Main cast: Kiefer O’Reilly (Howard Lovecraft/Davik), Michelle O’Reilly (Sarah Lovecraft), Christopher Plummer (Dr West), Tyler Nicol (Winfield Lovecraft), Alison Wandzura (Mary Lovecraft), Sean Patrick O’Reilly (Spot), Summer O’Reilly (Gotha), Phoenix O’Reilly (Twi’i), Harmony O’Reilly (Innes), Scott McNeil (Ice Goblin), Jane Curtin (Algid Bunk), Doug Bradley (The Envoy), and Ron Perlman (Shoggoth)
Director: Sean Patrick O’Reilly
Poor Howard Lovecraft. Just like the real life author whom this kid shares a name with (ahem), his father is in a loonybin for “nervous exhaustion”, and his mother Sarah is the kind who can’t accept that she has to raise the kid without a husband and has the brilliant idea of forcing the kid to visit his father in hopes of getting the man to be sane again. Is it any wonder that Howard is a sickly kid afraid of everything and anything?
On his father’s birthday, Sarah drags the reluctant boy to meet the man, and Mother of the Year proceeds to leave the boy alone with his father while chatting up the loonybin doctor Dr West (hmm, I wonder if Herbert is his first name). Howard is warned by his father to destroy something called the Necronomicon, and passes the boy what seems like a rune with a strange symbol. Back at home, Sarah passes Howard his father’s journal, which contains all kinds of stuff about Cthulhu and R’lyeh. He reads aloud the infamous prayer to Cthulhu, without understanding the implications, and woosh, a strange symbol appears on his bedroom floor. Out comes some purple shadowy tentacles and – oh no, this isn’t a Japanese cartoon, so none of that, oh please – our poor lad is dragged into a strange new place and, hence, new adventures.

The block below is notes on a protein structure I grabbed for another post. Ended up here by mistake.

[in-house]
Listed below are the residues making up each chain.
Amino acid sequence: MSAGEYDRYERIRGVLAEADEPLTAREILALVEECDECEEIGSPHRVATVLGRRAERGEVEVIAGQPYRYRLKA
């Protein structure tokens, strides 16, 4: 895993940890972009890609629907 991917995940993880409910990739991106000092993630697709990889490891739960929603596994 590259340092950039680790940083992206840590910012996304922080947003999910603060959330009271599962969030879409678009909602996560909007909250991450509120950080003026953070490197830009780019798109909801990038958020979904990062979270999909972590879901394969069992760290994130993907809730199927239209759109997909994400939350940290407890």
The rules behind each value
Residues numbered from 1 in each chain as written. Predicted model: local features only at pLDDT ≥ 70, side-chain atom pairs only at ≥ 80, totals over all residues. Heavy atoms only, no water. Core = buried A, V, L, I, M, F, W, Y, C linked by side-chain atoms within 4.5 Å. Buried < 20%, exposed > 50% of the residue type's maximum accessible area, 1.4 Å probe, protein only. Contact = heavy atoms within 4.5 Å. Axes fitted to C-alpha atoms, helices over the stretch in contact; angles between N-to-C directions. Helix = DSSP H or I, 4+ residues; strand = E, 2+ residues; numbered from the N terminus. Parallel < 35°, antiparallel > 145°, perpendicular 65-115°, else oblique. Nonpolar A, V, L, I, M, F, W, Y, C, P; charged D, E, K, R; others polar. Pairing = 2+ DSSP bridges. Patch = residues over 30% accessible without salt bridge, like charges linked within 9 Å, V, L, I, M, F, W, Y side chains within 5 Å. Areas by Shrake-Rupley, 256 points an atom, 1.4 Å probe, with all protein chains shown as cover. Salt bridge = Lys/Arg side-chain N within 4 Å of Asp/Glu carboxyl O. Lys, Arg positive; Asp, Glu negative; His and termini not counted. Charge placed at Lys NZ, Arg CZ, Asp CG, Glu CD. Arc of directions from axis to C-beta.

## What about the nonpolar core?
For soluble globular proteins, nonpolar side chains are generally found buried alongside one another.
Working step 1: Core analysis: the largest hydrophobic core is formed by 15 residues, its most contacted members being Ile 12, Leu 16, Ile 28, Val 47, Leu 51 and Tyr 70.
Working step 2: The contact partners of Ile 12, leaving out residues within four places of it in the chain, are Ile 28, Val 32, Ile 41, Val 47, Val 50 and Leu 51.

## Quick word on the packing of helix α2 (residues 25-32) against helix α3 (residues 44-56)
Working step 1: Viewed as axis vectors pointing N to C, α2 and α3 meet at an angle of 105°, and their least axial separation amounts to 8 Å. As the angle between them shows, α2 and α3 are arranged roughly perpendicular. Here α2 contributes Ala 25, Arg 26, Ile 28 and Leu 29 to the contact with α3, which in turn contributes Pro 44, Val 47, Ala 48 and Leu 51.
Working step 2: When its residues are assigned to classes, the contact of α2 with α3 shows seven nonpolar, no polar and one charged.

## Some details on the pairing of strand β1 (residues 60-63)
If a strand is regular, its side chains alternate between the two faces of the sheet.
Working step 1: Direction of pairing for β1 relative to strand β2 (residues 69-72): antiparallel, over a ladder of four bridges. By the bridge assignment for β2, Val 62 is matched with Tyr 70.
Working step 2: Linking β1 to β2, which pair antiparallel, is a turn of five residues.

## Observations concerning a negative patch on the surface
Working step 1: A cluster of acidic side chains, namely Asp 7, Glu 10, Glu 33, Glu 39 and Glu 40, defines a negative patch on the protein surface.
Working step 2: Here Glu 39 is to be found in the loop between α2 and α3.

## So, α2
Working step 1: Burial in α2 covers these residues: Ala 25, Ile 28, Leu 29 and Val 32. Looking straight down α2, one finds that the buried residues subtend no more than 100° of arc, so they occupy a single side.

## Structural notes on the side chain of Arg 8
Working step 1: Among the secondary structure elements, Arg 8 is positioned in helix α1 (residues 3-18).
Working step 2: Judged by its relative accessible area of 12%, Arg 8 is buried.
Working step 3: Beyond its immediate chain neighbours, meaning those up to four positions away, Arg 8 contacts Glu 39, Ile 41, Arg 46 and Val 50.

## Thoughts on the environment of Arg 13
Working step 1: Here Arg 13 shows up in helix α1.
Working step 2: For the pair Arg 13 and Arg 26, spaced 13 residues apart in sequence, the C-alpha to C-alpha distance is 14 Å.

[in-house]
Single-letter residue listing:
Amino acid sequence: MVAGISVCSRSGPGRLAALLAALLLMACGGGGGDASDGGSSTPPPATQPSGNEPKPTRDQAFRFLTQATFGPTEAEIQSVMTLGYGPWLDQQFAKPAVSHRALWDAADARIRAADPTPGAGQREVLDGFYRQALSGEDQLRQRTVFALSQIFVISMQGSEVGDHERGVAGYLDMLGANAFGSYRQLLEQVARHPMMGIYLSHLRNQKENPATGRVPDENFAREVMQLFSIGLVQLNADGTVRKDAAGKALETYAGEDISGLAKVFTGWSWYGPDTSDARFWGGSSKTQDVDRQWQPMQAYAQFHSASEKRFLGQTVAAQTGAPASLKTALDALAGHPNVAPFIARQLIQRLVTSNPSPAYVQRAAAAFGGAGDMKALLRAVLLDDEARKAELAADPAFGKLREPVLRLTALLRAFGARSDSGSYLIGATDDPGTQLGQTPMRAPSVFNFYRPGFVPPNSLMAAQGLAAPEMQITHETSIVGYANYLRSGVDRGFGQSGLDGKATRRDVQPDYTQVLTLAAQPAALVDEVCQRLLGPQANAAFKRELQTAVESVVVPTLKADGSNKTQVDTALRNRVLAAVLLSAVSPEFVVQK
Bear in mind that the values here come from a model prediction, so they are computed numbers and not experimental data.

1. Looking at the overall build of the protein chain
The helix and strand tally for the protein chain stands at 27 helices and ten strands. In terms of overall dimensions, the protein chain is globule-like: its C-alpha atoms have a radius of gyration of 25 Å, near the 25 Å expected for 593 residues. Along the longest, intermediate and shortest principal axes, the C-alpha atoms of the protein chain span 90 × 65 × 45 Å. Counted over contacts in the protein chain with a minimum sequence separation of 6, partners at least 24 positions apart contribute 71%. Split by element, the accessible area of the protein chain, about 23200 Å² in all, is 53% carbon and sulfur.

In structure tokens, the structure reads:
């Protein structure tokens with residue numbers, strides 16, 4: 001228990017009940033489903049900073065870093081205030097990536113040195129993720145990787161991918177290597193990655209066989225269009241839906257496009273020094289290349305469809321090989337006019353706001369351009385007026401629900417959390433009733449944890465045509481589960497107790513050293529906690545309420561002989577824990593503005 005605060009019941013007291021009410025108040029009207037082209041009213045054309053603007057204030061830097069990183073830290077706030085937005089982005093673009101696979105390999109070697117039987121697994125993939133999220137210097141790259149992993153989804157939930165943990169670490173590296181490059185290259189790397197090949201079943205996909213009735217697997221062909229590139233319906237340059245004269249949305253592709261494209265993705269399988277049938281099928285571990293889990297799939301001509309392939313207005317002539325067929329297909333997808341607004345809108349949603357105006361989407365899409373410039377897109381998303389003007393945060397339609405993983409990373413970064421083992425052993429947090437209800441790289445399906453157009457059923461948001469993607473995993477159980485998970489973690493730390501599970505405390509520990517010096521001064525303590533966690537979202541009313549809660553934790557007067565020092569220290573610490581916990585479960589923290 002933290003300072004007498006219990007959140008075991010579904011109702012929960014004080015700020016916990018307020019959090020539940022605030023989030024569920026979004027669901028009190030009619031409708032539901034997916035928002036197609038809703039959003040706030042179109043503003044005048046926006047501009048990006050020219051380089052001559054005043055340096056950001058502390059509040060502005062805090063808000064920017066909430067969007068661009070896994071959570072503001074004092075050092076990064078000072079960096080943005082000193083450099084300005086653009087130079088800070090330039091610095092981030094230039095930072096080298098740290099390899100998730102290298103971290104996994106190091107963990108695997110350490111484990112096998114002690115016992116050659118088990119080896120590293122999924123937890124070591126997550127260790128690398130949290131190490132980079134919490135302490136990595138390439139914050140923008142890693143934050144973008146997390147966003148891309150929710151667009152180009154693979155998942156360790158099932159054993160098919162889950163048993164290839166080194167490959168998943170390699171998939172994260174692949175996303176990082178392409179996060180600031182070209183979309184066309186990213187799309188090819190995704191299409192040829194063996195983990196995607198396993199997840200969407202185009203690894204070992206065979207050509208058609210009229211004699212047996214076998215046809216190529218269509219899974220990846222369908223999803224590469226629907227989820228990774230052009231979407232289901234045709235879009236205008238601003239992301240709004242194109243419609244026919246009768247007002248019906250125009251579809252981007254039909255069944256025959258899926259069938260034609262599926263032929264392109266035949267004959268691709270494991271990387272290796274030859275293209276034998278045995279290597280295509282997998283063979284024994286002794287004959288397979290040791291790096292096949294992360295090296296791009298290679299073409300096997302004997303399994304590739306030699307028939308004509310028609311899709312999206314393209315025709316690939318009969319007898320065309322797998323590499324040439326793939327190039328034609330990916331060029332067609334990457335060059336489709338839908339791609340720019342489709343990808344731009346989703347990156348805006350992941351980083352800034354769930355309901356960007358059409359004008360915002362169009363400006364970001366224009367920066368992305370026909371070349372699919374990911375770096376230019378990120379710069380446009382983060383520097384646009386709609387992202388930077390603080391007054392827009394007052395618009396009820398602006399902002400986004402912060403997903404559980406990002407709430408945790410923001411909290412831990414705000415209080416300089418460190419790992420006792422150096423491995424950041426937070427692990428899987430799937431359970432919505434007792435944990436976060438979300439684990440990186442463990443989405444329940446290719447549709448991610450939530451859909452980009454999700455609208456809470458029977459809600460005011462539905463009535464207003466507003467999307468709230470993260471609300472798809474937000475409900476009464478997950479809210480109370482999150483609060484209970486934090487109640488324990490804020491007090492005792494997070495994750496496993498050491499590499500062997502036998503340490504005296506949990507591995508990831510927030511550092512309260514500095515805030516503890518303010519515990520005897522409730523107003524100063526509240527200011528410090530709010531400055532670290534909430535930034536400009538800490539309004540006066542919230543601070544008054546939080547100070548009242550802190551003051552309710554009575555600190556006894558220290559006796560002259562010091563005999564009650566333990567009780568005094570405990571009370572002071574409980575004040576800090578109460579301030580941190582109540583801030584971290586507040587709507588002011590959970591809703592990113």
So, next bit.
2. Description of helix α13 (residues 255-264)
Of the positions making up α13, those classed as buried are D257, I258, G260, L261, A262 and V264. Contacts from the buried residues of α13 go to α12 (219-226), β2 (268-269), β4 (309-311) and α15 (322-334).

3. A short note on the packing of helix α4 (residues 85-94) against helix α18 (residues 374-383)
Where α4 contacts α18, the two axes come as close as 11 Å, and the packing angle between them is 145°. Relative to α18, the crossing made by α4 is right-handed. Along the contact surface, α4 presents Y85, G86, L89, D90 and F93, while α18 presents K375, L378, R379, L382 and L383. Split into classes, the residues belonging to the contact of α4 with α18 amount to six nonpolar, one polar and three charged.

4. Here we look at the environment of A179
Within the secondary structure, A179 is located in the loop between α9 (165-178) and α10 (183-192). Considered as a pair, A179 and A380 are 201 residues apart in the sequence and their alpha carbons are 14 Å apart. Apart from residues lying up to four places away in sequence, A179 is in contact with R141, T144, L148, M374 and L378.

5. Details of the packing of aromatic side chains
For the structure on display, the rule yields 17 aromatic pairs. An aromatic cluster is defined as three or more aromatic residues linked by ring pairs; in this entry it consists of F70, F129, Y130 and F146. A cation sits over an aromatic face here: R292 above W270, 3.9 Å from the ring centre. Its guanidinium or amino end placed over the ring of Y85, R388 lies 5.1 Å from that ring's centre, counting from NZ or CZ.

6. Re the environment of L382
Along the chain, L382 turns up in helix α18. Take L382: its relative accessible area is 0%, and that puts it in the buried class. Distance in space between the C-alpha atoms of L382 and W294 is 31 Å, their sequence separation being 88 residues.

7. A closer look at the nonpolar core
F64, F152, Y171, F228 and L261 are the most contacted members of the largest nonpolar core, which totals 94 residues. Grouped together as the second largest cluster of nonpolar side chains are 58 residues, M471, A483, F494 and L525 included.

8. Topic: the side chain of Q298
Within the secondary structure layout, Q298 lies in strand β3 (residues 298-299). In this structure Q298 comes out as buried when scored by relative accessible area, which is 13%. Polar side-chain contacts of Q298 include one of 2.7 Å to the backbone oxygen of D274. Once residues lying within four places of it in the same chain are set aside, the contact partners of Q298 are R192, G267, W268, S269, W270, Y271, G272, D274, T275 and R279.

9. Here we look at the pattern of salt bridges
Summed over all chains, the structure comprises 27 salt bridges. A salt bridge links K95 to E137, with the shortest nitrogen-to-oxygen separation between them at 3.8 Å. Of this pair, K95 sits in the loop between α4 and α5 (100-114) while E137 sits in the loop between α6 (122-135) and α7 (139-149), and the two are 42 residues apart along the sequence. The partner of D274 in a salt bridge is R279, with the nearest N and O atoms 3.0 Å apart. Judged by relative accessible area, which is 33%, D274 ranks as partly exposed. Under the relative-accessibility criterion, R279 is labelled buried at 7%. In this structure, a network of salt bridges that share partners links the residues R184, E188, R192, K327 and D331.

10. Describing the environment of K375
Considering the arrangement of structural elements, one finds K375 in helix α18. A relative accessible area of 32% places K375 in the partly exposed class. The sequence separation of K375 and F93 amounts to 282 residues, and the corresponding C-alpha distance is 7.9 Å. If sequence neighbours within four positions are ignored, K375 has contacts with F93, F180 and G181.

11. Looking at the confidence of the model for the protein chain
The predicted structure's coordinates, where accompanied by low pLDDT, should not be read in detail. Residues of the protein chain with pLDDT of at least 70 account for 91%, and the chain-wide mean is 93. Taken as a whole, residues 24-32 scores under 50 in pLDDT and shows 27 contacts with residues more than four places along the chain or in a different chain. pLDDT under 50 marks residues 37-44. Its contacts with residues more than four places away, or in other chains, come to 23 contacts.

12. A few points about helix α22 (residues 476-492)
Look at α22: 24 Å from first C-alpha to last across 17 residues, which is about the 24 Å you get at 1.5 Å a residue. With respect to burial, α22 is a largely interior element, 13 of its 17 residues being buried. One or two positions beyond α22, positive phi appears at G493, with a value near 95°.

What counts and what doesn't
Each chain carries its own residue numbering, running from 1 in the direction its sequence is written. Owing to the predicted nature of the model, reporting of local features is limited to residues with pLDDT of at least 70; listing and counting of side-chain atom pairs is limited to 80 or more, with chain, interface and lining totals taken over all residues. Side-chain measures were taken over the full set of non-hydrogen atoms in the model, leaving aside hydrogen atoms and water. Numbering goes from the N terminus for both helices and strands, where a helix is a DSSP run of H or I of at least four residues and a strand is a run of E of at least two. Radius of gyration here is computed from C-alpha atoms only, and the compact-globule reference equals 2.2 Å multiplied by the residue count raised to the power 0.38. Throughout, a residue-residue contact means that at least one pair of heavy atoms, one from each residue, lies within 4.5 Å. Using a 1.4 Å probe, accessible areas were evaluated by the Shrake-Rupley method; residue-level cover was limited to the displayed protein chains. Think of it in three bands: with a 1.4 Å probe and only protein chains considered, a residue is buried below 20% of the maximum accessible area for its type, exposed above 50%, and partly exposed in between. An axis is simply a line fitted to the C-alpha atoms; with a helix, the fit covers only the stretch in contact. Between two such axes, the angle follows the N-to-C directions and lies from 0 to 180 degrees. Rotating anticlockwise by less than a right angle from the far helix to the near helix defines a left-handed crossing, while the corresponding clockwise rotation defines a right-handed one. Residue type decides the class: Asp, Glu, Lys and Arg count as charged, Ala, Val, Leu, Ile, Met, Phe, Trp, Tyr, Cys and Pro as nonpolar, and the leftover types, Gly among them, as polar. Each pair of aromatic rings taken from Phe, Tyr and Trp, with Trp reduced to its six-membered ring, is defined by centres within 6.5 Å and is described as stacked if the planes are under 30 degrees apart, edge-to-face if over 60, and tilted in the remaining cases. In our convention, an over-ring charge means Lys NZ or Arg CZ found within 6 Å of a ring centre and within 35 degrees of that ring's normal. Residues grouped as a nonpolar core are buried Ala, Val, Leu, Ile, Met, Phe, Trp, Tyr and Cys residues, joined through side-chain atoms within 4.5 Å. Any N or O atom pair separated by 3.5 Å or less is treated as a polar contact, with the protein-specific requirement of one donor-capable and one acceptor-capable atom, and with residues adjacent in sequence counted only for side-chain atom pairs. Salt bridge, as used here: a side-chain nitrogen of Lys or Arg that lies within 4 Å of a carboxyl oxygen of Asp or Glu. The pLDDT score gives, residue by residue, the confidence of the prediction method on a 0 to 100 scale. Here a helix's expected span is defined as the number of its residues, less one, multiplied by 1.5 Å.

I don’t know what to expect when I sit down to watch Howard Lovecraft and the Frozen Kingdom, but a cute chibi version of Cthulhu is not something I’d imagine ever. Worse, he’s called Spot by Howard, and Spot calls Howard “Master” and says things like “Friends… close…”. If I were a worshiper of the Eldritch beings, I’d have withered from second-hand embarrassment by now. Instead of anything resembling something from the real HP Lovecraft, I get a kiddie story in which we have a kid moving with Spot to save R’lyeh from being perpetually frozen by defeating the Shoggoth. Which doesn’t resemble the Shoggoth in any way, mind you, but by this point, it’s pretty evident that this animated film has nothing whatsoever to do with the actual source material. This and those source materials may share some same names, but that’s about it.
The animation, voice acting, and art quality are on the meh side, but to be fair, for what it is – a low budget effort – the whole thing is actually adequate. Everything is okay, and that’s the issue here: it’s just okay. “My Little Cthulhu” is actually a pretty cute premise, but sadly, the novelty wears off quickly as the whole thing settles to being a very ordinary, typical kiddie tale of zero to hero. It’s a bit too talky for its own good, especially since the conversations are reduced to a level to appeal to very young kids and hence this movie doesn’t have much to offer older members of the audience. I am hoping for some playful nods to older fans of HP Lovecraft, but for the most part, this one prefers to play it straight as an adventure movie aimed at kids. No scary stuff, no creepy moments, just some tame action scenes that are few and spaced mostly towards the tail end of the movie – this one is more cute than scary, and sadly, it’s also not very interesting.
Maybe I’m too old for this thing, or maybe I am a fan of the late Mr Lovecraft and I still am not sure what to make of this blasphemously cute and tame twist on the Cthulhu mythos. At any rate, I’d suggest watching Howard Lovecraft and the Frozen Kingdom for the novelty factor or because a kid demands you to, and keep some distraction like the mobile close to tide you through the boring bits.